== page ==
Gordon and Loeb say that most proposed methodologies favor too much spending on certain countermeasures. Information security Model: According to the Aqua Book of the American NCSC (1992) a security model “precisely describes important aspects of security and their relationship to system behavior”. Its main purpose is “to provide the necessary level of understanding for a successful implementation of key security requirements”. It may contain the following parts: • Data structures and storage items, • Processes and subjects,
• Users and user roles, • I/O devices, • Security attributes, • Non-disclosure levels, and • Unlabeled entities. In order to conduct a risk-management process in a systematic manner, it is important to have well-developed methods for each process step. Risk-Management Methods: The concept of Risk management was coined in the area of software development in the 1980s. Barry Boehm can be mentioned as the inventor of the process in the field of software development. He proposed the risk-driven spiral model (Boehm, 1988).
According to (Wall, 1999) risk management should be undertaken whereby the risk-management activities are conducted by the project team at the same as the cost-, time-, quality- and requirement-management activities. One of the most famous methods used for the identification of risk is the Riskit method. The Riskit method provides precise and unambiguous definitions for risks. It results in explicit definition of objectives, constraints and other drivers that influence the project. The method is aimed at modeling and documenting risks qualitatively and can use both ratio and ordinal scale risk ranking information to prioritize risks reliably.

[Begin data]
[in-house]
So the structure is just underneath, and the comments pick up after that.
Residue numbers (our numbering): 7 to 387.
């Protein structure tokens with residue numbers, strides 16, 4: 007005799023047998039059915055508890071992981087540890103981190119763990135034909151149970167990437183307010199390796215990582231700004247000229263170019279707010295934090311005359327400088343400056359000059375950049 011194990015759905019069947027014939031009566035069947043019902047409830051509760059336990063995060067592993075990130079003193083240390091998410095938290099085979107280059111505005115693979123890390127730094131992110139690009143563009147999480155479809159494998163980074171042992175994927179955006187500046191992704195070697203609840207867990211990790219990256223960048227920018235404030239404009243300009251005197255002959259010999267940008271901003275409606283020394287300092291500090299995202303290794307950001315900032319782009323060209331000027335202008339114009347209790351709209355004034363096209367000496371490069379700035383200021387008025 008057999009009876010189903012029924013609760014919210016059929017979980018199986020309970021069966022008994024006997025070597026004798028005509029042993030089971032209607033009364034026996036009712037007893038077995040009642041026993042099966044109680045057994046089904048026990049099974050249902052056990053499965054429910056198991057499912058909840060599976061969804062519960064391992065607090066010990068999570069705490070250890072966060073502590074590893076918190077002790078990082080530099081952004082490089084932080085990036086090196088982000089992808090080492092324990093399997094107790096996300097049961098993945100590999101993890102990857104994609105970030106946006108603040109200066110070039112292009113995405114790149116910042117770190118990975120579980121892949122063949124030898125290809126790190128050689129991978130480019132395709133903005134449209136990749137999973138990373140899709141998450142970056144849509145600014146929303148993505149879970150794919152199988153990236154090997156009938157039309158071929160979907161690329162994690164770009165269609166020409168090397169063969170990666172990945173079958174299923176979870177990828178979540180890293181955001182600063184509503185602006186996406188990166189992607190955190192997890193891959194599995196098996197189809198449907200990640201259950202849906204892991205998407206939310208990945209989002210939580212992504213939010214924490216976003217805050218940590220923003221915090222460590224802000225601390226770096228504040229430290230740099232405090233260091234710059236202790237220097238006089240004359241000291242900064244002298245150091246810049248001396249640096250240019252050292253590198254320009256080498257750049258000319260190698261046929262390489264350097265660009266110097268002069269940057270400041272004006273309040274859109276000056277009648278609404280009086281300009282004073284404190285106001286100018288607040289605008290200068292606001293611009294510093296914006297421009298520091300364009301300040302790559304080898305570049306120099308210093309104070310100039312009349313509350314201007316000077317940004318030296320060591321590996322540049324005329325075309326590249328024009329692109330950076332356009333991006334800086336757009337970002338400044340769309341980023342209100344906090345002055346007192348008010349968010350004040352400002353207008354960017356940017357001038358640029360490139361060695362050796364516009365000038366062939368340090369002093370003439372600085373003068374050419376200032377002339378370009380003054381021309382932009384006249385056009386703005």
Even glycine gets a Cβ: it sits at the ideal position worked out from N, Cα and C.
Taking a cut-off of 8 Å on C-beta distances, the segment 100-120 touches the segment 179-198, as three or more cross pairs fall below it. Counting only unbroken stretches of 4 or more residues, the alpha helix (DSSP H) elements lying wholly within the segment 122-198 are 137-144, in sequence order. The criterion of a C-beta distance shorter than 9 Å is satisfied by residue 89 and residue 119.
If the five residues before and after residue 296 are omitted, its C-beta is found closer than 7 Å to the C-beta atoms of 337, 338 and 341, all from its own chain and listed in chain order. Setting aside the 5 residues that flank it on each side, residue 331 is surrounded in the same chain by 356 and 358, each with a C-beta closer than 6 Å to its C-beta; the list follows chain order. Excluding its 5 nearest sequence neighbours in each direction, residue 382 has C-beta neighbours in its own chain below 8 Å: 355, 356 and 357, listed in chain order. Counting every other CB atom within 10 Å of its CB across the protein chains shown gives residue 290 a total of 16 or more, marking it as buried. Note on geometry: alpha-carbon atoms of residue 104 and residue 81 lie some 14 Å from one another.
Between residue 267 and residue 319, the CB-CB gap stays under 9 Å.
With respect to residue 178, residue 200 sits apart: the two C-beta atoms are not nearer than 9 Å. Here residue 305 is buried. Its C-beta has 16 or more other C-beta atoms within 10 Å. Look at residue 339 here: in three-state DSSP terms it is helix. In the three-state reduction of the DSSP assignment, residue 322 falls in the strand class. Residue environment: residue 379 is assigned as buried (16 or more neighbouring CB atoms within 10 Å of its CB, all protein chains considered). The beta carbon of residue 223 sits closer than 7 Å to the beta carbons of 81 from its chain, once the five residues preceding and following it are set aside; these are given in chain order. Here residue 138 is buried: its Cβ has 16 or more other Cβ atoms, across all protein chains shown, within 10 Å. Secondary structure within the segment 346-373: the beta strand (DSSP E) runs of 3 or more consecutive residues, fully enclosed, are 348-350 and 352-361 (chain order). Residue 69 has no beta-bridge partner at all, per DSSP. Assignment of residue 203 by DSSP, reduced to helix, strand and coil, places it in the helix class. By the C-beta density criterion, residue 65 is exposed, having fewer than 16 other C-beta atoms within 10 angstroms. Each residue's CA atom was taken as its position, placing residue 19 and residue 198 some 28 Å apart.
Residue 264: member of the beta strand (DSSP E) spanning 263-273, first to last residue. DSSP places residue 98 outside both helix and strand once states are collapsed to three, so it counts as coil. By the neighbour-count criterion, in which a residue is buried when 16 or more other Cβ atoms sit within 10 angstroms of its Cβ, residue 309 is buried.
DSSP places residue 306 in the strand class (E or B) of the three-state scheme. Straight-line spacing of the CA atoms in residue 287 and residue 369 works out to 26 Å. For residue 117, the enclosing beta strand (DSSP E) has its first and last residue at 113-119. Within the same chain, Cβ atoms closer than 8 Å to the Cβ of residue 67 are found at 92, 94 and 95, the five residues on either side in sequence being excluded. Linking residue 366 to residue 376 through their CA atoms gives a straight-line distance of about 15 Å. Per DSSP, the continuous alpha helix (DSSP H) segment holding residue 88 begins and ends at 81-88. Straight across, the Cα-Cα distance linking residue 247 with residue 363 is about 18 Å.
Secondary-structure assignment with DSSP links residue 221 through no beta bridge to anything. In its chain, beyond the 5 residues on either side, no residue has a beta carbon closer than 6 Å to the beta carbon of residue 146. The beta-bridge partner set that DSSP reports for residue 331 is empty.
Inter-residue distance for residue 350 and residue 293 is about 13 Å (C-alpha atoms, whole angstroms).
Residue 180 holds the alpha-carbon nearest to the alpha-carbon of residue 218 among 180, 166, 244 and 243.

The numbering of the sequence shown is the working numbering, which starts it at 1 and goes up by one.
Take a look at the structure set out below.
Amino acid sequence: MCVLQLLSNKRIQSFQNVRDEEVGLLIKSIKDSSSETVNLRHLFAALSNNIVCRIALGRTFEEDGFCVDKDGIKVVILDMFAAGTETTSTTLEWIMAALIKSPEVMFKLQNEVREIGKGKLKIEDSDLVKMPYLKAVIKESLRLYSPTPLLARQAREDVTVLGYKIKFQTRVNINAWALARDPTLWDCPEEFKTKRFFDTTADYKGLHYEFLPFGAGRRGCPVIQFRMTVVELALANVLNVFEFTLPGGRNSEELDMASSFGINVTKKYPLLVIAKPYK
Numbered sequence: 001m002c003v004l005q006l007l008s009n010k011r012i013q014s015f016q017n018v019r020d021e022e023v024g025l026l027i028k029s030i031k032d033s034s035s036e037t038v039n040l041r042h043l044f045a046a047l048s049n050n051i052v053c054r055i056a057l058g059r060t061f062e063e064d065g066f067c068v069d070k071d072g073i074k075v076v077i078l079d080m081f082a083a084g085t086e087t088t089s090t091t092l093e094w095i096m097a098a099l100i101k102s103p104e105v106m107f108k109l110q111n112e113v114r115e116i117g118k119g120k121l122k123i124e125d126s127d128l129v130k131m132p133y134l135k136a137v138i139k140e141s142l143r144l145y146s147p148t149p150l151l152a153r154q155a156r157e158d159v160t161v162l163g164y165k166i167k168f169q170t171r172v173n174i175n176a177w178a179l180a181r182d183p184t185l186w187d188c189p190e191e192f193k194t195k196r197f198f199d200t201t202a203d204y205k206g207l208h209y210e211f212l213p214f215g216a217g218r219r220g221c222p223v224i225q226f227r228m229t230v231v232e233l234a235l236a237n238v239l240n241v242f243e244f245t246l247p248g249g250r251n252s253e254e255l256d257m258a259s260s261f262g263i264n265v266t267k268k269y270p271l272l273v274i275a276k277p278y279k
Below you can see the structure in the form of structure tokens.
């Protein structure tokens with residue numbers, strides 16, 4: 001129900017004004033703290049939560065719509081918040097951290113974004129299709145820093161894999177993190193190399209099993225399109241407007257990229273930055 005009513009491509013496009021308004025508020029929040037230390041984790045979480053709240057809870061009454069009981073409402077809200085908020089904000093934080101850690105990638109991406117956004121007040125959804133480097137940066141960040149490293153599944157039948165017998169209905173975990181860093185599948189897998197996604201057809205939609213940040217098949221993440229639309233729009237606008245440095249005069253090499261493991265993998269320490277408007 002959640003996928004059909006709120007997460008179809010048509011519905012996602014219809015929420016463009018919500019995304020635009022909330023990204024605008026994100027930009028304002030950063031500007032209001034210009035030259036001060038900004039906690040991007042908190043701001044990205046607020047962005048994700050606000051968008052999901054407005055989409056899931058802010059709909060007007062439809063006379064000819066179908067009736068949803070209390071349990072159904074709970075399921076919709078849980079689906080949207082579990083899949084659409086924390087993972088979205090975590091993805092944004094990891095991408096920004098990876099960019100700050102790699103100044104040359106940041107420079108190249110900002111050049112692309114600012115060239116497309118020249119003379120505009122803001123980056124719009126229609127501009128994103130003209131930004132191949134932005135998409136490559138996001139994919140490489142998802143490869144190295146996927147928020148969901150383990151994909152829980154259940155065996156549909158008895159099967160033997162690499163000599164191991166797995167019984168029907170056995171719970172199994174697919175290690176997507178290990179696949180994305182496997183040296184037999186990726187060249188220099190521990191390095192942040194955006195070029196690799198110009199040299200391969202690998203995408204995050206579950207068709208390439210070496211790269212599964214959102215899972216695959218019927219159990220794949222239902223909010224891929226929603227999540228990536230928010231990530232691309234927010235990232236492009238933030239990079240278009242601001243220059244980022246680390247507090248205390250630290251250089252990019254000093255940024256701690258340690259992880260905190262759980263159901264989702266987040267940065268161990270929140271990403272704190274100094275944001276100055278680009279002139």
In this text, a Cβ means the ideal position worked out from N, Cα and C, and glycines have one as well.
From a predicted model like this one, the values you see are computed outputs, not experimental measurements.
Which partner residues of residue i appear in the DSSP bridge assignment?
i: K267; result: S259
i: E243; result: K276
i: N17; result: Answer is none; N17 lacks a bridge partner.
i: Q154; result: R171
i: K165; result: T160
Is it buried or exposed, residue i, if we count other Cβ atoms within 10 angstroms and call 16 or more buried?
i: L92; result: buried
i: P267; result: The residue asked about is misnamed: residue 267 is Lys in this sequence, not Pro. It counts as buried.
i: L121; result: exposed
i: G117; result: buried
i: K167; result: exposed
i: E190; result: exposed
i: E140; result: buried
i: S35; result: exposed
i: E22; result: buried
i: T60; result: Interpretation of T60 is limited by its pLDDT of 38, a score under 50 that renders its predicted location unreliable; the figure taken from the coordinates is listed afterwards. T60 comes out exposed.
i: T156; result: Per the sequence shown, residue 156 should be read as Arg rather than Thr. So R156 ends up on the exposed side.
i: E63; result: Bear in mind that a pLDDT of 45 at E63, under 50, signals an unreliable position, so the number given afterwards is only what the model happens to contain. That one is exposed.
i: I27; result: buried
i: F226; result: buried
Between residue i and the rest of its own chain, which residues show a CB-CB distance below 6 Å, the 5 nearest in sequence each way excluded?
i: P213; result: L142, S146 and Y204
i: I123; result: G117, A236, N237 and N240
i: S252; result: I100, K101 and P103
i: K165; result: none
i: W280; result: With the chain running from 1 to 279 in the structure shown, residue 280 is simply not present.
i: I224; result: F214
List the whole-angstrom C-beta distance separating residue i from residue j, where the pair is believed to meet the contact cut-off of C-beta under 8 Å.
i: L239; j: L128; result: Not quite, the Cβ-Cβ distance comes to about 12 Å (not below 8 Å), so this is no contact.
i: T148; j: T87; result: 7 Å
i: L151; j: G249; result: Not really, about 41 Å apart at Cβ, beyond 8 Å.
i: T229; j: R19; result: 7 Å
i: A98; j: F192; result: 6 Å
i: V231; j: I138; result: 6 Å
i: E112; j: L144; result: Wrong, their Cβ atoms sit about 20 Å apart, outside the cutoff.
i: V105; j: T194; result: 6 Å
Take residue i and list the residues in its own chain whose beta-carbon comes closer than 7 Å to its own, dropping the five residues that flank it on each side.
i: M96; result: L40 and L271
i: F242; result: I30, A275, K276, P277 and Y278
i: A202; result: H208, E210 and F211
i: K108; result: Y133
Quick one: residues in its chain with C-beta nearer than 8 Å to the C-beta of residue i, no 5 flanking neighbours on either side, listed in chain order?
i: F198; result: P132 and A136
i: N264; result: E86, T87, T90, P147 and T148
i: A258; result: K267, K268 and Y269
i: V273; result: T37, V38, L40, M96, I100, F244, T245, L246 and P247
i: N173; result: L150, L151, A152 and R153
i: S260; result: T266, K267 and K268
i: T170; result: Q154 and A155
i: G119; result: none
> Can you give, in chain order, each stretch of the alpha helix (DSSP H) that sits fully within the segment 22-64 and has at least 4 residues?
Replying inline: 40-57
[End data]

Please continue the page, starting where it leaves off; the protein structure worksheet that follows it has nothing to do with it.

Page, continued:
It uses the concept of utility loss to rank the loss associated with risk. Different stakeholder perspectives are explicitly modeled in the Riskit method. The Riskit method has an operational definition and training support (Kontio & Basili, 1998). Most often the problems are caused by the insiders rather than from intruders to data and information. As noted by Ivan Arce and Elais Levy, there are many dimensions in which the problems can occur. The workstation offers the most opportunity for exposure in the information technology (IT) area.
If an organization has placed updated anti-virus and encryption software on the workstation, and then it has implemented a single-dimensional level of effort, note S. Liu, J. Ormaner, and J. Sullivan in “A Practical Approach to Enterprise IT Security. ” If the single-dimension solution were to significantly improve the security of a single component (in this case, the desktop), then something else may become the new weakest link. Therefore, the weakest link may continually shift from the technology area to the physical area, to the human resources area, to the policy area, and so on.
Arce and Levy also emphasize the temporal aspect of vulnerabilities. In particular, they suggest that the weakest link can shift from the desktop operating systems to the individuals operating them. It is important for an organization to plan its security program by determining the appropriate direction in which the countermeasures and monetary investment should be undertaken. Without a high-level view, an organization may over-invest in areas that are not the weakest links.
References Adams, J. , (1995). Risk. UCL Press Arce, Ivan and Elais Levy, (2003). “The Weakest Link Revisited. ” IEEE Computer Society. March/April 2003. B. W. Boehm, (1991). “Software Risk Management: Principle and Practices,” IEEE Software, Vol. 8, No. 1, January 1991, pp. 32-41. Giarini, Orio, (2000). “The Development of the Service Economy,” Progress, No. 31, July Gordon, Lawrence, and Martin Loeb, (2002). “The Economics of Information Security Investment. ” ACM Transactions on Information and Systems Security. November 2002 Jyrki Kontio and Victor R. Basili, (1998).
Riskit: Increasing Confidence in Risk Management July 4, 1998 available from www. softwaretechnews. com/technews2-2/riskit. pdf Kolodzinski, Oscar (2002). “Cyber-Insurance Issues: Managing Risk by Tying Network Security to Business Goals. ” The CPA Journal, November 2002. Liu, S. , Ormaner, J. , & Sullivan, J. (2001). “A Practical Approach to Enterprise IT Security. ” IT Pro. September/October 2001 National Computer Security Center. NCSC-TG-010: A Guide to Understanding Modeling in Trusted Systems (Acqua Book), October 1992.